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Ex-Gold Cup hero Celeric is retired; Owner Spence calls it a day after gelding's Ascot failure.

CELERIC, one of the most popular stayers of recent years and winner of the Ascot Gold Cup in 1997, has been retired after another lacklustre effort behind Kayf Tara in Thursday's renewal, in which he finished ninth of the 11 runners.

Revealing the news yesterday, the gelding's owner Christopher Spence said: "He's given us more fun than you could ever imagine, and we've been very lucky to have had him.

"The highlight was winning the Ascot Gold Cup, but Celeric won 13 races in a style that thrilled his connections and the crowds. David Morley made him and John Dunlop continued the good work."

Part of Celeric's popularity stemmed from his turn of foot, not a feature normally associated with stayers. Invariably ridden from off the pace, Celeric was capable of scything down his rivals with a gripping finishing burst. It helped him to win five Pattern races.

Spence, the Jockey Club's senior steward, added: "Celeric has been wonderful and is very well in himself, but in the Gold Cup he was giving us the message he had raced enough.

"He'll come home until we decide where he'll spend his retirement."

The eight-year-old son of Mtoto was trained by Morley, Spence's brother-in-law, until the trainer's death in January 1998, when Celeric was moved from Newmarket to Dunlop's stable in Arundel.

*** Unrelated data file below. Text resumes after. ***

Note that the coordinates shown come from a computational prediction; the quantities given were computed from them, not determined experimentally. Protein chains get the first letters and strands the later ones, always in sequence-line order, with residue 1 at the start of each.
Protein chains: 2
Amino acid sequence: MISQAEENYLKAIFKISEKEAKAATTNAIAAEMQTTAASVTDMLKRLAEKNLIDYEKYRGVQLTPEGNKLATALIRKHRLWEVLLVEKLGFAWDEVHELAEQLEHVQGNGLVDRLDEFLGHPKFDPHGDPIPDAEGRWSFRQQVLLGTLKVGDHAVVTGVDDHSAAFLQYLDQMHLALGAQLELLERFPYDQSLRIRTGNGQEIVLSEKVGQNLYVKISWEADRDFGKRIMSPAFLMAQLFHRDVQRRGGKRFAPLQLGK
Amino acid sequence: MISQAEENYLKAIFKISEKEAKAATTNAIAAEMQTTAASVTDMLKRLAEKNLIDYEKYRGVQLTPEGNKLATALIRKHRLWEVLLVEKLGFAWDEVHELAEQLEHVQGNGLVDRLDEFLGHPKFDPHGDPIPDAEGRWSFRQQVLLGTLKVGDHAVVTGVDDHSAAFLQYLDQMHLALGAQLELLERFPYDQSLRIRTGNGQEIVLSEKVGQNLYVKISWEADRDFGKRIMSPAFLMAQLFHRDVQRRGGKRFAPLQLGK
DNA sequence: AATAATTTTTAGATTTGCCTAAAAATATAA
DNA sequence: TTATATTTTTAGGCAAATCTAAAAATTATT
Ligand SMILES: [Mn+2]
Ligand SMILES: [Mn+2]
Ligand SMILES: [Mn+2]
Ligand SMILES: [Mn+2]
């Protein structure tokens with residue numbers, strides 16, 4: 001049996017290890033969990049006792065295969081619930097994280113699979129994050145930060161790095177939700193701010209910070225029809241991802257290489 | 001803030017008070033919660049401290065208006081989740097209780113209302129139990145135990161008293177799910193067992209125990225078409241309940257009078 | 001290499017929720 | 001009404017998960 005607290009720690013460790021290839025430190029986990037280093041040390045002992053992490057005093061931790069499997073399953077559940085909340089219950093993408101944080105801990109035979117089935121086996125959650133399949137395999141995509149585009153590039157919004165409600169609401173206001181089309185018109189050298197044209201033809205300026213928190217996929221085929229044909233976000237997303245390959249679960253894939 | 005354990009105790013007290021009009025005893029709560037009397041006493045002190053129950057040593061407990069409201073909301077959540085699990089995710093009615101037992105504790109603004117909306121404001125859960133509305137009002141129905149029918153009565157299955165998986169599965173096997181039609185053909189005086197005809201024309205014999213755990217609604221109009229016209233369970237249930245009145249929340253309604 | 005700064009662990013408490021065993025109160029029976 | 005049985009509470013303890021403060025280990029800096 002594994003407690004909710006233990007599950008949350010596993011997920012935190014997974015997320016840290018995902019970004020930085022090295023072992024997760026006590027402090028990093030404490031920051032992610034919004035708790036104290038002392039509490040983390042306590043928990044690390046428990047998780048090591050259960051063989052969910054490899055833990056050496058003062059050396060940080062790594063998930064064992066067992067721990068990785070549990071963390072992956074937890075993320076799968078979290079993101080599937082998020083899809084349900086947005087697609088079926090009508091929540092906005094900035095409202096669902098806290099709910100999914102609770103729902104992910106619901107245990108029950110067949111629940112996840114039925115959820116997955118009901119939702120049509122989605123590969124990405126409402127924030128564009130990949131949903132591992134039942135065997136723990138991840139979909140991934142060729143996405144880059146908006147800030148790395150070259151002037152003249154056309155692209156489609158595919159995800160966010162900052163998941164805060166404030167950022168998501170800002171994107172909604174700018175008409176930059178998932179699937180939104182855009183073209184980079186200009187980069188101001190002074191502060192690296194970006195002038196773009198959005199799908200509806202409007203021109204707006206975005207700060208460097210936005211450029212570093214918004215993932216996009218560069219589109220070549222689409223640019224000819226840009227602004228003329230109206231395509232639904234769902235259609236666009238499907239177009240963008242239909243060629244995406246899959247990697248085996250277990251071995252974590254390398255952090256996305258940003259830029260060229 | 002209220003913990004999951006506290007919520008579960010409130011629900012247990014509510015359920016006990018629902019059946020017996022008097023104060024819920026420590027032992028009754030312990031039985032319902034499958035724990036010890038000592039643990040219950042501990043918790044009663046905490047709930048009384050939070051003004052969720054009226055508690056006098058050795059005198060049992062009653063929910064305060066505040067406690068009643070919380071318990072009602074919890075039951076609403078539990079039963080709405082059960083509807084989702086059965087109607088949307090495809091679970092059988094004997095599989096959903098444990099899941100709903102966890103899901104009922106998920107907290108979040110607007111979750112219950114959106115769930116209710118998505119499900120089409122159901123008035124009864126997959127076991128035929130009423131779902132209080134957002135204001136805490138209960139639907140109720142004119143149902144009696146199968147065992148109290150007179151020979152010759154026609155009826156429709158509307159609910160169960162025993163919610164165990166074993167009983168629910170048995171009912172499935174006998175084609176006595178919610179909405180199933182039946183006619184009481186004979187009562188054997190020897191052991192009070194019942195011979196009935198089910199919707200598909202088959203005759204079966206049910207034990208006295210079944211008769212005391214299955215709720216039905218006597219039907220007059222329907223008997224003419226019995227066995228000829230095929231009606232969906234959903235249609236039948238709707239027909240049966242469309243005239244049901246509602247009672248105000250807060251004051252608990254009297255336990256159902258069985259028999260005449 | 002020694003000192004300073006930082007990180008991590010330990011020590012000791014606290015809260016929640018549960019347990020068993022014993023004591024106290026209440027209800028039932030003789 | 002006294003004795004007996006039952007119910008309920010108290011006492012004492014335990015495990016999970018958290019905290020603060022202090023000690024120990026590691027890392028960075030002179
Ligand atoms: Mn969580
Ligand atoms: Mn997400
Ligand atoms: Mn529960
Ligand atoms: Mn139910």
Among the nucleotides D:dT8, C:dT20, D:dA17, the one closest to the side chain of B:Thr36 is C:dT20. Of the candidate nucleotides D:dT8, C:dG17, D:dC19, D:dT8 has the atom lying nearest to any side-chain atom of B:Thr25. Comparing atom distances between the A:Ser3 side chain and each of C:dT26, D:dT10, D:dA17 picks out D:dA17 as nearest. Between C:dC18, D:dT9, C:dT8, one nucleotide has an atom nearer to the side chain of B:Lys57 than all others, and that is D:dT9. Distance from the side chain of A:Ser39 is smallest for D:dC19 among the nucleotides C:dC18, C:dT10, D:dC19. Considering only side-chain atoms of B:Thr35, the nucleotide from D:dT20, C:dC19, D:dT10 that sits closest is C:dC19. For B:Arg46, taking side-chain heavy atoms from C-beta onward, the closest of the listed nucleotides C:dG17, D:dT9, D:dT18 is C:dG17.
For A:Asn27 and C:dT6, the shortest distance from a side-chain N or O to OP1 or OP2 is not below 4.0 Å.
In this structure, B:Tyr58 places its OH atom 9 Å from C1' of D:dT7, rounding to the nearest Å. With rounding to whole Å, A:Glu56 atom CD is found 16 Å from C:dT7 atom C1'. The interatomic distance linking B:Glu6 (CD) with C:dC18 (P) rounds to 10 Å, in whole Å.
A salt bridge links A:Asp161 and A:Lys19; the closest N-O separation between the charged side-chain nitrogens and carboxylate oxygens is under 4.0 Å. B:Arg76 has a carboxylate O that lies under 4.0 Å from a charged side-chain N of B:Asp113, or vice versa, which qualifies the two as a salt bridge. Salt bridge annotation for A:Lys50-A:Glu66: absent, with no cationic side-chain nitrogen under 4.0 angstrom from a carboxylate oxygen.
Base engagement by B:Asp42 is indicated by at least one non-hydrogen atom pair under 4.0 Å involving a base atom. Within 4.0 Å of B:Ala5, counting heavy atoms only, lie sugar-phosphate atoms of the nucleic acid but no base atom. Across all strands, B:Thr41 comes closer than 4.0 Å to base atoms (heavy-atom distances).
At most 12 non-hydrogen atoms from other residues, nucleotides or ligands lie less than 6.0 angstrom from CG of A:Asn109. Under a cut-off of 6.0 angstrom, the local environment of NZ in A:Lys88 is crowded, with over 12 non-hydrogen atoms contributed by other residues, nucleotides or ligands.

Dunlop said: "Celeric was a wonderful character and a lovely horse to have at home. There was always a buck and a kick in the morning, and he wasn't the easiest of rides, but we had great fun with him last year, when he won the Sagaro Stakes at Ascot and Lonsdale Stakes at York.

"I think maybe he has lost a bit of his enthusiasm, and it's sensible to retire him."

Willie Carson was often seen to great effect on Celeric before his retirement, after which Pat Eddery became his regular partner. It was Eddery who was on board when Celeric beat Classic Clich in the 1997 Gold Cup.

Eddery welcomed the decision to retire Celeric. He said: "I'm pleased. It's the right

decision and Celeric deserves it. I hope he has a nice retirement.

"He's always been a great ride, and on his best days he was a really good racehorse with a great turn of foot."
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Title Annotation:Sports
Author:Ashforth, David
Publication:The Racing Post (London, England)
Date:Jun 24, 2000
Previous Article:Mark Johnston: Only in the Racing Post: Train must arrive on time.
Next Article:Ex-judge Hancock dies after crash.

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